Advocacy and the ever evolving role of marketing folks
As a marketer my ears perk up when I hear an expert or senior level executive claim they have found the secret sauce for convincing their entire company and customers to become advocates for their brand.
In a marketing role it can feel like the entire weight of your company’s brand is resting on your shoulders. But if you can leverage the power of your team and the influence of your customers you’ve found the golden ticket.
At SaaStr Annual 2017 I sat in on a session with an all star line up of some heavy hitters in the SaaS industry like Nick Mehtta, CEO Gainsight; Catherine Blackmore, Global VP Customer Success Oracle; Maria Pergolino, SVP Marketing Aptus; Emilia D’anzica, VP Customer Engagement Walkme.
These customer success gurus covered the ominous topic of Net Negative Churn through Customer Advocacy. The session stuck with me and I keep coming back to the same thought — are customer success and marketing not one in the same?
In today’s digital world there are virtually zero degrees of separation between our stakeholders, both internal and external.
Our entire community lives and breathes online — for better or worse.
I’ve distilled some of the key learns from the session and a few lessons I’ve picked up along the way to help all of us marketers navigate the unchartered territory of advocacy.
First things first.
As a marketing team, tackling that age old question of what are you trying to accomplish can feel like an insurmountable mountain to climb when you first set out to build a “strategy”. For me, questions begin to swirl around in my mind… what are the objectives, tactics, metrics and measurable results that we’re after?
Start with your promise to your customers.
Articulate the promise in a short sentence. Paint it on the walls. Remind your team of it at every possible opportunity. The promise is your true north. Every project and newly proposed initiative should tie back to the question will this help us to deliver on our promise to our customers?
Next, build a plan and a team that fuses marketing to customer success.
To do that you’ll need to ask yourself:
- What are the elements of deep product expertise that need to be on the journey to help attract and onboard customers? Build the team with this in mind.
- How will the team’s actions drive proactive outcomes for the customers? Not just reactive solutions to problems. Can you create an infobase of thought leadership content to enable customer education? Or perhaps put a series of nurture emails in place to catch low engagement before customers churn?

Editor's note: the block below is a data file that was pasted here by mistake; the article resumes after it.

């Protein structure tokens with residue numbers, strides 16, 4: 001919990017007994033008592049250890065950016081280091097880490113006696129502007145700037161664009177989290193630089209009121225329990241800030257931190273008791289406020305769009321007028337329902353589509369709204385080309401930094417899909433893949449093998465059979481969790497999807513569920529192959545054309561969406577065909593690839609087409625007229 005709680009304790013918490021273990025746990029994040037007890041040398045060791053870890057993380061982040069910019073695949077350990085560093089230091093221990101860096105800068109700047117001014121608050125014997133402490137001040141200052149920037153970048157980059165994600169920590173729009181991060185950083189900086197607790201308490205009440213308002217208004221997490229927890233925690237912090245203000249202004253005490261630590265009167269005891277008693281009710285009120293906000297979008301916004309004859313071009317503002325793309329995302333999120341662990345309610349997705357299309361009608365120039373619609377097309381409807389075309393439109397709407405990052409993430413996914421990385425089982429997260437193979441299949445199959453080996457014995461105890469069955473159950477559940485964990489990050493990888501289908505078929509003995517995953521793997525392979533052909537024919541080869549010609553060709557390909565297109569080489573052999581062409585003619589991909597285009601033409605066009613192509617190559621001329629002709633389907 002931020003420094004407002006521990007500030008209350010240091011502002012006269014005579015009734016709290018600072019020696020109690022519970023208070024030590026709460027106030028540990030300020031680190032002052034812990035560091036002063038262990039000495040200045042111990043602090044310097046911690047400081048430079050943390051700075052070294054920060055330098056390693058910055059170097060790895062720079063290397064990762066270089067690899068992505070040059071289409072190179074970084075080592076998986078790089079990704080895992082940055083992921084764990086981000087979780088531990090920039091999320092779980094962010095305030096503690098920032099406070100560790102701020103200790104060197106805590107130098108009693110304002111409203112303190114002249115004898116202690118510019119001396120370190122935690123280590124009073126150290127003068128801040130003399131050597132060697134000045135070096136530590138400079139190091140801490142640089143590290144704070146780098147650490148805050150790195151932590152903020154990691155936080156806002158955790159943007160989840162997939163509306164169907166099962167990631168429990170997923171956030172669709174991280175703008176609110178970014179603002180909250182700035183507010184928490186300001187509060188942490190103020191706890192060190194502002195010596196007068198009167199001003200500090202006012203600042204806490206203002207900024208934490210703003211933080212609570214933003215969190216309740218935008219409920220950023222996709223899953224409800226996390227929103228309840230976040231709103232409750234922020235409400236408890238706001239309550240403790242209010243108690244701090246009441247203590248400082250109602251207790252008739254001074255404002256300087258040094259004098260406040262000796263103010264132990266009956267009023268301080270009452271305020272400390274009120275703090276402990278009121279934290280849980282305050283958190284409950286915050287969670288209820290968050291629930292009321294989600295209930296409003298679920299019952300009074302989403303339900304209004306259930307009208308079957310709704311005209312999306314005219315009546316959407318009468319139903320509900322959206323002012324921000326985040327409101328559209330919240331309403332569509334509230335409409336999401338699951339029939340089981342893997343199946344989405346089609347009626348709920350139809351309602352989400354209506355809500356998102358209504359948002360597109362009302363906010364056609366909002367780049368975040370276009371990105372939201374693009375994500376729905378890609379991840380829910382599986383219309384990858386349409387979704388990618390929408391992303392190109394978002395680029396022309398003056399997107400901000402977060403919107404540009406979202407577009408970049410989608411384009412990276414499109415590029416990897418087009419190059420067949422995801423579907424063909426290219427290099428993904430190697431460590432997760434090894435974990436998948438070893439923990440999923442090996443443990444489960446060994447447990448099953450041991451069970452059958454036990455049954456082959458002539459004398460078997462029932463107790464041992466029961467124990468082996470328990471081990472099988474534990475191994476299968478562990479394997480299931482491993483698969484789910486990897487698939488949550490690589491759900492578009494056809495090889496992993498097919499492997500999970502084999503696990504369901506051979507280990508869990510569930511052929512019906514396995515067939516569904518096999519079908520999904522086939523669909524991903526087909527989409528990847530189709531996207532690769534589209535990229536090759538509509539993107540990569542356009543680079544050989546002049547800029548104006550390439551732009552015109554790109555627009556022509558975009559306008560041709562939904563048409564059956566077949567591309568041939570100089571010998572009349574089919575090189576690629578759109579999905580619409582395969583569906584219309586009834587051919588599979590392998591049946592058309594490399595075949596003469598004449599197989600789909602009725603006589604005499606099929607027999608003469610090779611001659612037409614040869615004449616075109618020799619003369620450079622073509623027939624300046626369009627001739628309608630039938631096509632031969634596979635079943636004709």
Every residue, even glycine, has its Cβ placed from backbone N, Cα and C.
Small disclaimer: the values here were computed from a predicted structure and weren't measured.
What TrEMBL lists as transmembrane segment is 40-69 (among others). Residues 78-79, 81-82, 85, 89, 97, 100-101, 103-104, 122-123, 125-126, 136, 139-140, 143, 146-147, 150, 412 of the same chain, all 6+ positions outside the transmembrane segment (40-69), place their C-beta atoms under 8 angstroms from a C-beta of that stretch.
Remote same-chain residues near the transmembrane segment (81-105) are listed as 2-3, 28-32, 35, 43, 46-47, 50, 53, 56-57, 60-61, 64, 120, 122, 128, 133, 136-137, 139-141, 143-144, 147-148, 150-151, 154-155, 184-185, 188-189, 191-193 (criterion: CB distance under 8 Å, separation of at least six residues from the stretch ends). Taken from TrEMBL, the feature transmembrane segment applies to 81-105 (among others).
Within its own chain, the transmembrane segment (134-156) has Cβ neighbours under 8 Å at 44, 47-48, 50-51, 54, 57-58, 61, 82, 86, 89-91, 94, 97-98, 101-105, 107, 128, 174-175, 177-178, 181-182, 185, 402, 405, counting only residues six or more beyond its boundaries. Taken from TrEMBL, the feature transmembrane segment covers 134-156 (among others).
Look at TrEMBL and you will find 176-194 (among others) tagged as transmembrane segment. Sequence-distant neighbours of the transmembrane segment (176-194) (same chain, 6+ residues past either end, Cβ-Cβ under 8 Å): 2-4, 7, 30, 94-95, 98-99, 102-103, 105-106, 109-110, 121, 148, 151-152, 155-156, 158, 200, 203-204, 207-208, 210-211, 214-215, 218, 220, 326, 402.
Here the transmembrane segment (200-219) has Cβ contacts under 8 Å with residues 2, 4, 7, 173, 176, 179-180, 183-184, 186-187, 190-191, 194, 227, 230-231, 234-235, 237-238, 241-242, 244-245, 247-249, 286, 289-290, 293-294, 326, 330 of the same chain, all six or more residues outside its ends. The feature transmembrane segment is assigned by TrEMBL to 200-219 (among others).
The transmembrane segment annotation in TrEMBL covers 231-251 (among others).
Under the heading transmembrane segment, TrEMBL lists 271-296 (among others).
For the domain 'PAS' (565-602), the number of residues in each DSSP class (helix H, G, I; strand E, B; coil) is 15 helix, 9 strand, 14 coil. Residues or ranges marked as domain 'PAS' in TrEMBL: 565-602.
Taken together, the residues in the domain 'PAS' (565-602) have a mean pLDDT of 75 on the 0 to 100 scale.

- How will you gain adoption internally at a business level? The C-suite needs to be aligned and connected to your customer success and marketing teams. Make sure you have internal advocates lined up to push all the good stuff you’re about to unveil to current and future customers.
A true CMO today cares about the entire lifecycle of the customer.
Map out what the different points of engagement will be between the stages of awareness, consideration, decision, onboarding and advocacy. Excelling at the handoff from person to person will be critical to the success of your CS+M org.
With your team and plan in place your next step is to GO TO MARKET — nail biting, jaw clenching and all..
Go to market with customer advocacy by telling the customer’s story.
Deliver the message of your brand through the voice of your customer by doing these three things:
- Help customers tell their success stories through testimonials, case studies, videos, thought leadership blogs and other traditional media. Use these assets as the crux of your marketing content.
- But don’t stop there — leverage your customer as a distributor of your message. Incentivize them to share their good vibes about your brand through their networks via email, social media & more.
- Help new or potential customers connect with other customers who have a story to tell. If a new lead or prospect is wavering — connect them to your best customers and let them do the bragging about just how wonderful you and your team are 😉
Finally — measure impact. In order to develop a dashboard you need to first look in the rear view mirror.
Reflect on what you want to repeat and what you want to reduce. Ask yourself are the things your teams are building being used by customers? Are they creating additional advocacy? Is this leading to expansion, renewal or new customer revenue?
So next time your exec team asks you to build out a quarterly or annual marketing plan, think about the role customer success and advocacy will play in this plan.